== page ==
Since 1979, architects have been able to win the Pritzker Prize, known as the Nobel for architecture, receiving $100,000. And since 1989, architects can also win the Praemium Imperiale prize, which is awarded by the Imperial family of Japan on behalf of the Japan Art Association, receiving some $140,000.
Now, practicing landscape architects have their own grand international prize, which will be conferred biennially by The Cultural Landscape Foundation (TCLF), based out of Washington, D.C. The prize will offer a $100,000 award and will involve two years of public engagement to honor the prize winner’s “creative, courageous, and visionary work.” The inaugural prize will be awarded in 2021.
According to Charles A. Birnbaum, FASLA, TCLF’s founder, president, and CEO, landscape architecture is worthy of its own high-profile international prize because it “is one of the most complex and, arguably, the least understood art forms. It challenges practitioners to be design innovators often while spanning the arts and sciences in addressing many of the most pressing social, environmental, and cultural issues in contemporary society.”
Interestingly, landscape architects aren’t the only ones eligible to win the prize. Landscape designers, artists, architects, planners, urban designers, and others who have “designed a significant body of landscape-architectural projects” will also be considered. This is in contrast to the only other international landscape architecture prize — the Sir Geoffrey Jellicoe Award, bestowed by the International Federation of Landscape Architects (IFLA), which is only open to landscape architects.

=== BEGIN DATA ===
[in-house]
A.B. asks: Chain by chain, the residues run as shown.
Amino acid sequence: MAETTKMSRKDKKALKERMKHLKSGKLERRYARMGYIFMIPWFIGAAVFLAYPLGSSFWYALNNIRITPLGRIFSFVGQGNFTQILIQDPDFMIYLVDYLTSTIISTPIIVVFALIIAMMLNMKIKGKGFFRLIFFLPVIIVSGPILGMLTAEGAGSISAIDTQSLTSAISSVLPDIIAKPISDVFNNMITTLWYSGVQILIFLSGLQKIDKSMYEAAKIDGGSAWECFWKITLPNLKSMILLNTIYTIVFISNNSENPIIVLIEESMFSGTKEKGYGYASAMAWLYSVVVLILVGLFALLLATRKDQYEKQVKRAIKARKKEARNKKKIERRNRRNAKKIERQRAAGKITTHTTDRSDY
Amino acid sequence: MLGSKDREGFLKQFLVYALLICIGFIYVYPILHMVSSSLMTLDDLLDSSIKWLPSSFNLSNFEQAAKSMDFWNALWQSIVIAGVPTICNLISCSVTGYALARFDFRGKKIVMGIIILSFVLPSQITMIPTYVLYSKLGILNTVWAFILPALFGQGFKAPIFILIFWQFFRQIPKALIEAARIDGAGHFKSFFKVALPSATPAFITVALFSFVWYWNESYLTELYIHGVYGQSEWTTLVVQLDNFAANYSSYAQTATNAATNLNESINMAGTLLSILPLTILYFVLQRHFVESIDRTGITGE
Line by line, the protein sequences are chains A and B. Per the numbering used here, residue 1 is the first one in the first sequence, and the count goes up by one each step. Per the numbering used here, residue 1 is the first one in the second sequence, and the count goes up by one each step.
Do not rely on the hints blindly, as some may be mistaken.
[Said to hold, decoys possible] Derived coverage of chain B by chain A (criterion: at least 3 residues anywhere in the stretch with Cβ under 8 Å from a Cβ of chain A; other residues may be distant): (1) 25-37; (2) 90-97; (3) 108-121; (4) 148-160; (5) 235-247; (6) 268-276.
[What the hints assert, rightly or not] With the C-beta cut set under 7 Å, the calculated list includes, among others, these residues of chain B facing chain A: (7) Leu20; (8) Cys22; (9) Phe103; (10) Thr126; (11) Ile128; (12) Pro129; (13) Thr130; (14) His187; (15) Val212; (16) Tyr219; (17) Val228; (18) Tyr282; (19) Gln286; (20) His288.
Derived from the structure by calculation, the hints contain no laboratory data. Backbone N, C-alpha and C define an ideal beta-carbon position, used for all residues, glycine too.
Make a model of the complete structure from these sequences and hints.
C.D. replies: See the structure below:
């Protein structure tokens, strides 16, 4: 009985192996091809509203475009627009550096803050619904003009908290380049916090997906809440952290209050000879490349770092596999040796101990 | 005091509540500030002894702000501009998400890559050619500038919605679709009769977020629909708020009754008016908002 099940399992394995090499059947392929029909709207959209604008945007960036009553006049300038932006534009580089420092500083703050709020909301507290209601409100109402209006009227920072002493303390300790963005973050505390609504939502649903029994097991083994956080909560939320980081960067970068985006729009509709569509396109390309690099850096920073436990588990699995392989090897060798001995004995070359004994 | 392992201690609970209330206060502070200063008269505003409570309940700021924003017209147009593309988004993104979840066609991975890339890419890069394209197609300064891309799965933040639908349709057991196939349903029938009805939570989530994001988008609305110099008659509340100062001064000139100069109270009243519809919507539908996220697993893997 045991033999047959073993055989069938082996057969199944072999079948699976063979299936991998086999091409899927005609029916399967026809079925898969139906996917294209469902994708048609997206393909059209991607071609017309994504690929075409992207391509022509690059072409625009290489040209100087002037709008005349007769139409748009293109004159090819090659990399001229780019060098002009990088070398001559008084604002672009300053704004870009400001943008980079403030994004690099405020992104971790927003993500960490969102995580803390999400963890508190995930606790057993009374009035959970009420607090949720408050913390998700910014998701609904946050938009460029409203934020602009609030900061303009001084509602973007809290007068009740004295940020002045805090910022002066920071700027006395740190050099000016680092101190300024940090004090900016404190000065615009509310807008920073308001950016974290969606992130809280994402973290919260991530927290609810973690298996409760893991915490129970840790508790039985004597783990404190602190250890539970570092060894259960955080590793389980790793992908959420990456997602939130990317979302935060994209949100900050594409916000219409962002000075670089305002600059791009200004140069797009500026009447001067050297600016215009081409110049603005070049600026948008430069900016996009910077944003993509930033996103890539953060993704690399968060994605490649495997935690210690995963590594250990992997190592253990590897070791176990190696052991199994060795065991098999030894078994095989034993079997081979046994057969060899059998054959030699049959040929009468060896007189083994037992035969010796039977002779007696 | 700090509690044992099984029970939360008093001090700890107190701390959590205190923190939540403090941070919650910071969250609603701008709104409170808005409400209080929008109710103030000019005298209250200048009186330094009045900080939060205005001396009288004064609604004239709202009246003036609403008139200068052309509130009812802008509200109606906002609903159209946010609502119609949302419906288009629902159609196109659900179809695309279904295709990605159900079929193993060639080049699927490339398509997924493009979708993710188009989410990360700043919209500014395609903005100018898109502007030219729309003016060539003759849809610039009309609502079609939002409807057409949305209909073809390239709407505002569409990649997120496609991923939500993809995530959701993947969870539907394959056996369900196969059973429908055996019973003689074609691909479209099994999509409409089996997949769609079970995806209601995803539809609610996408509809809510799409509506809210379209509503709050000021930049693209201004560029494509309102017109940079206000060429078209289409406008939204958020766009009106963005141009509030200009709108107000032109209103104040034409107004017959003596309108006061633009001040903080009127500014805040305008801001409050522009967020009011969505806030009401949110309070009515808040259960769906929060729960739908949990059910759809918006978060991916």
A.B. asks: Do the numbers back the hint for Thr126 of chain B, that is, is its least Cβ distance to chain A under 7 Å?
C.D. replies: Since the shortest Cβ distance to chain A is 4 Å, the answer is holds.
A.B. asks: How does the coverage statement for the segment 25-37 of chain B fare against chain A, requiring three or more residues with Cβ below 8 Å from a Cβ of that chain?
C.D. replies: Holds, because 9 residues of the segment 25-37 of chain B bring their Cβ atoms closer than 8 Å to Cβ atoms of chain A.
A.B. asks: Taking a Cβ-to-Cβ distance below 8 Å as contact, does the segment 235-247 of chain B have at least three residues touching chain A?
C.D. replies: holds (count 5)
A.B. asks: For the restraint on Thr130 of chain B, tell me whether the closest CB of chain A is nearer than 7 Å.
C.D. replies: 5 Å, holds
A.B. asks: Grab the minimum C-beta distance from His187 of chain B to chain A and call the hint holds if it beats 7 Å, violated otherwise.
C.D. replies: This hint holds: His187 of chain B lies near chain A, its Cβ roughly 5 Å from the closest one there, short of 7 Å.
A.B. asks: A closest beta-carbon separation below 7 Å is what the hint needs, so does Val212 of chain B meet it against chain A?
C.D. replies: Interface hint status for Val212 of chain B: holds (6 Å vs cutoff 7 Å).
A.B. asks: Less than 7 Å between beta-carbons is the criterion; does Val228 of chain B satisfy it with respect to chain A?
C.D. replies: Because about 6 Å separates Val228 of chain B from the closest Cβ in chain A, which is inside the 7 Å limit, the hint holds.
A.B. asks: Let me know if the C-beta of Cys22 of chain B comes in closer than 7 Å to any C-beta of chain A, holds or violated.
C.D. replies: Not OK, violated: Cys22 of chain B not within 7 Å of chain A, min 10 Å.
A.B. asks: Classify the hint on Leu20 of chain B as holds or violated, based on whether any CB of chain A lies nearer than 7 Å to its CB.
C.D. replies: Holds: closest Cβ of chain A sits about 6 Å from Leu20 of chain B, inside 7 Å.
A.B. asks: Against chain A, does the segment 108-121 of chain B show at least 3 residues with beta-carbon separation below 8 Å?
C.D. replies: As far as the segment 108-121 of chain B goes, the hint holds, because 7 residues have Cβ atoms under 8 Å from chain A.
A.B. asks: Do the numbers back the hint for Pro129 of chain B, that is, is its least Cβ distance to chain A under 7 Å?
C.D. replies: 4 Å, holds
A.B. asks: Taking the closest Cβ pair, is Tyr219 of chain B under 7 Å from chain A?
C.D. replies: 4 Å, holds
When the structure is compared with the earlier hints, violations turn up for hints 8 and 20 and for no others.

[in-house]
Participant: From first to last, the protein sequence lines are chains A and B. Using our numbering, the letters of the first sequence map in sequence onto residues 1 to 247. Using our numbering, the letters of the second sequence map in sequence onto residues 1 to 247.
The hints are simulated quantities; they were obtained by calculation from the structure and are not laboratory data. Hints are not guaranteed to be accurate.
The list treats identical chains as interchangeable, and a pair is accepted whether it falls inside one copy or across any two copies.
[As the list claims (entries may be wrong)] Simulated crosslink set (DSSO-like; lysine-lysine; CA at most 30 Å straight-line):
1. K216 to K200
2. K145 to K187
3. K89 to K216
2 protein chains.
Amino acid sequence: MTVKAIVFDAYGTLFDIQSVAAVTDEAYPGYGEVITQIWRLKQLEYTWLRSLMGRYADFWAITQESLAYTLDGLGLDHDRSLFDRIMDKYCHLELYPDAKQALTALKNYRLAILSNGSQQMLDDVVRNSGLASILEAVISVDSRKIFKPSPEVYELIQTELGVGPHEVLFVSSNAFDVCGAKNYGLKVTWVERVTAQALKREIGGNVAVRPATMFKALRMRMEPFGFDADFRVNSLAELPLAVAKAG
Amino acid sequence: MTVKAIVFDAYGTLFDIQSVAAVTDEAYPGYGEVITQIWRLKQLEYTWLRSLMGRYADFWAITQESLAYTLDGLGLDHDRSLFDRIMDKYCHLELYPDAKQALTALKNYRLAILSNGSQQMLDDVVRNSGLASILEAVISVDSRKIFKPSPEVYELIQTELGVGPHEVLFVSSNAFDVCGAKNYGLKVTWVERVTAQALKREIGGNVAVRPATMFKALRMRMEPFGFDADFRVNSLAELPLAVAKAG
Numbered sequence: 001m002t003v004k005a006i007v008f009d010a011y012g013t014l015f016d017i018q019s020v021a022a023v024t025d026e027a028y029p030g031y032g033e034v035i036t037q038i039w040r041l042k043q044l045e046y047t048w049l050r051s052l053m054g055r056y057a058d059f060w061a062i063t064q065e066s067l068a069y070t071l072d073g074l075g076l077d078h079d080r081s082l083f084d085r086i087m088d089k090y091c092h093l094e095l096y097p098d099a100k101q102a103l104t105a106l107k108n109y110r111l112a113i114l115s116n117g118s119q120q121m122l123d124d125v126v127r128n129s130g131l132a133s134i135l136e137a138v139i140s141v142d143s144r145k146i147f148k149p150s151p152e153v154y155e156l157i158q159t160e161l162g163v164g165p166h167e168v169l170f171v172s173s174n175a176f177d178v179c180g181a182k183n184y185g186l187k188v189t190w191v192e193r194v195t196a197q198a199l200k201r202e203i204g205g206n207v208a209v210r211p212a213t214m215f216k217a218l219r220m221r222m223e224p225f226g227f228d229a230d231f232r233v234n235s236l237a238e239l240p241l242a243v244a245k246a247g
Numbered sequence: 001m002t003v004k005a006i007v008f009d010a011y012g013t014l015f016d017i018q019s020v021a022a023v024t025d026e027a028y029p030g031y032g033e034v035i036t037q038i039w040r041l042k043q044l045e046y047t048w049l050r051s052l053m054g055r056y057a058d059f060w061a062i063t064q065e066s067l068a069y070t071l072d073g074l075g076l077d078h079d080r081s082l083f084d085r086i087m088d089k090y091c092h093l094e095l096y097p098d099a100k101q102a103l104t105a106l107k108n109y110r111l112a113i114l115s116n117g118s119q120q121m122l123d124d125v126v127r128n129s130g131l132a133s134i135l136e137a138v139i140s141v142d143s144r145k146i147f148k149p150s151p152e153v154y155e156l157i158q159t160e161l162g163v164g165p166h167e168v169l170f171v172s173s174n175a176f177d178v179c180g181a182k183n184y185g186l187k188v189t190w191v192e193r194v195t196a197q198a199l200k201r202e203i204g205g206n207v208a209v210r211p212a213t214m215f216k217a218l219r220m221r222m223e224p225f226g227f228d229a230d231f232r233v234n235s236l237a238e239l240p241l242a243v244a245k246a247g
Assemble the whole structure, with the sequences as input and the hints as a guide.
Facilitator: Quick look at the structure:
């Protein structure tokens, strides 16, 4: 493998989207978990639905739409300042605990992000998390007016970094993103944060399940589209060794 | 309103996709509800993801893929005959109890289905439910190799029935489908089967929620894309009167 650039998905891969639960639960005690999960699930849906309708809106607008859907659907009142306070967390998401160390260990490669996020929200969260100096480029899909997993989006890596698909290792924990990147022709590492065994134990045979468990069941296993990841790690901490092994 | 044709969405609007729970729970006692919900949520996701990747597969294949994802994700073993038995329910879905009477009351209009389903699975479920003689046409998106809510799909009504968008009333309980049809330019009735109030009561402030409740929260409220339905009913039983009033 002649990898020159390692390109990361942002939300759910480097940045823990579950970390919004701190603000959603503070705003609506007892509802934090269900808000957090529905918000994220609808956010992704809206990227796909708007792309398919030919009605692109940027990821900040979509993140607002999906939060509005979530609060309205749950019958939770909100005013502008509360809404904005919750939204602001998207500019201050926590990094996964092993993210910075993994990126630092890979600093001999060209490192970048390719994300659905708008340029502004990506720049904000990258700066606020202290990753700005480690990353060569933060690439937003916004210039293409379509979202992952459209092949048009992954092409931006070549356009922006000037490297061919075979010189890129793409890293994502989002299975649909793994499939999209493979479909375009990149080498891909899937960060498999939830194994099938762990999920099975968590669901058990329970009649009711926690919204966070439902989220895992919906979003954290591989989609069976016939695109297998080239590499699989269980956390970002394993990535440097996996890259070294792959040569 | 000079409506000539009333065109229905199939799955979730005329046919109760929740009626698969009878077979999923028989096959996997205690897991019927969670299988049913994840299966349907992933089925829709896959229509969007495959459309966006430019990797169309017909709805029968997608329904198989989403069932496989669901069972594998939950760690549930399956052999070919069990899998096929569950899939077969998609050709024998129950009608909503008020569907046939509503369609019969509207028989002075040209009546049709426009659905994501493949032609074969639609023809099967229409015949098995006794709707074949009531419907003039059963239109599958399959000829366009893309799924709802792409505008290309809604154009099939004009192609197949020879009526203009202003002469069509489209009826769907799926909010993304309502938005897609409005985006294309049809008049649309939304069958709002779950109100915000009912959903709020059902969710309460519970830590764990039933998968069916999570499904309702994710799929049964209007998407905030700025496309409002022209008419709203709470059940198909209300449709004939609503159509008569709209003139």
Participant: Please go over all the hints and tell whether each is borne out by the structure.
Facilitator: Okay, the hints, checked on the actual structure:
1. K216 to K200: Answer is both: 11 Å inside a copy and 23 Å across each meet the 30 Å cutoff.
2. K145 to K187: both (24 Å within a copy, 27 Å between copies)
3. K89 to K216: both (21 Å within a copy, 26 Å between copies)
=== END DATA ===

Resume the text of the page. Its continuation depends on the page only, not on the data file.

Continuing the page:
TCLF board co-chair Joan Shafran and her husband Rob Haimes underwrote the prize with a gift of $1 million, which was then matched by the rest of the board and other donors. A $4.5 million campaign to endow the prize in perpetuity is now underway.
New urbanist planner and architect Elizabeth Plater-Zyberk, who was chair of the awards jury, said “Meyer has produced an influential body of theory, interpretation, and criticism on landscape topics related to aesthetics, sustainability, culture, and social impact.”
On October 30, NBM will host a public event in Washington, D.C. — a conversation between Meyer and Thaïsa Way, program director of garden & landscape studies, Dumbarton Oaks Research Library and Collections.
7th Street Park and Recreation Pier at the Wharf: Michael Vergason, FASLA, founder of Michael Vergason Landscape Architects described how 7th Street Park and Pier is one piece of a larger redevelopment called the District Wharf in Southwest D.C. planned by Perkins Eastman and developed by PN Hoffman and Madison Marquette (see image above).
Vergason described his firm’s process: “we reach out beyond the boundaries of the site to think about how the design can grasp onto the site’s adjacencies to make a coherent place out of the larger setting.” For this park and pier, they were asked to ignore what the other five landscape designers in the broader development were designing. The pier is the only non-working pier at the District Wharf, which allowed them greater flexibility, so they added an undulating wood deck, swings, and a fire pit at the end looking out over the water.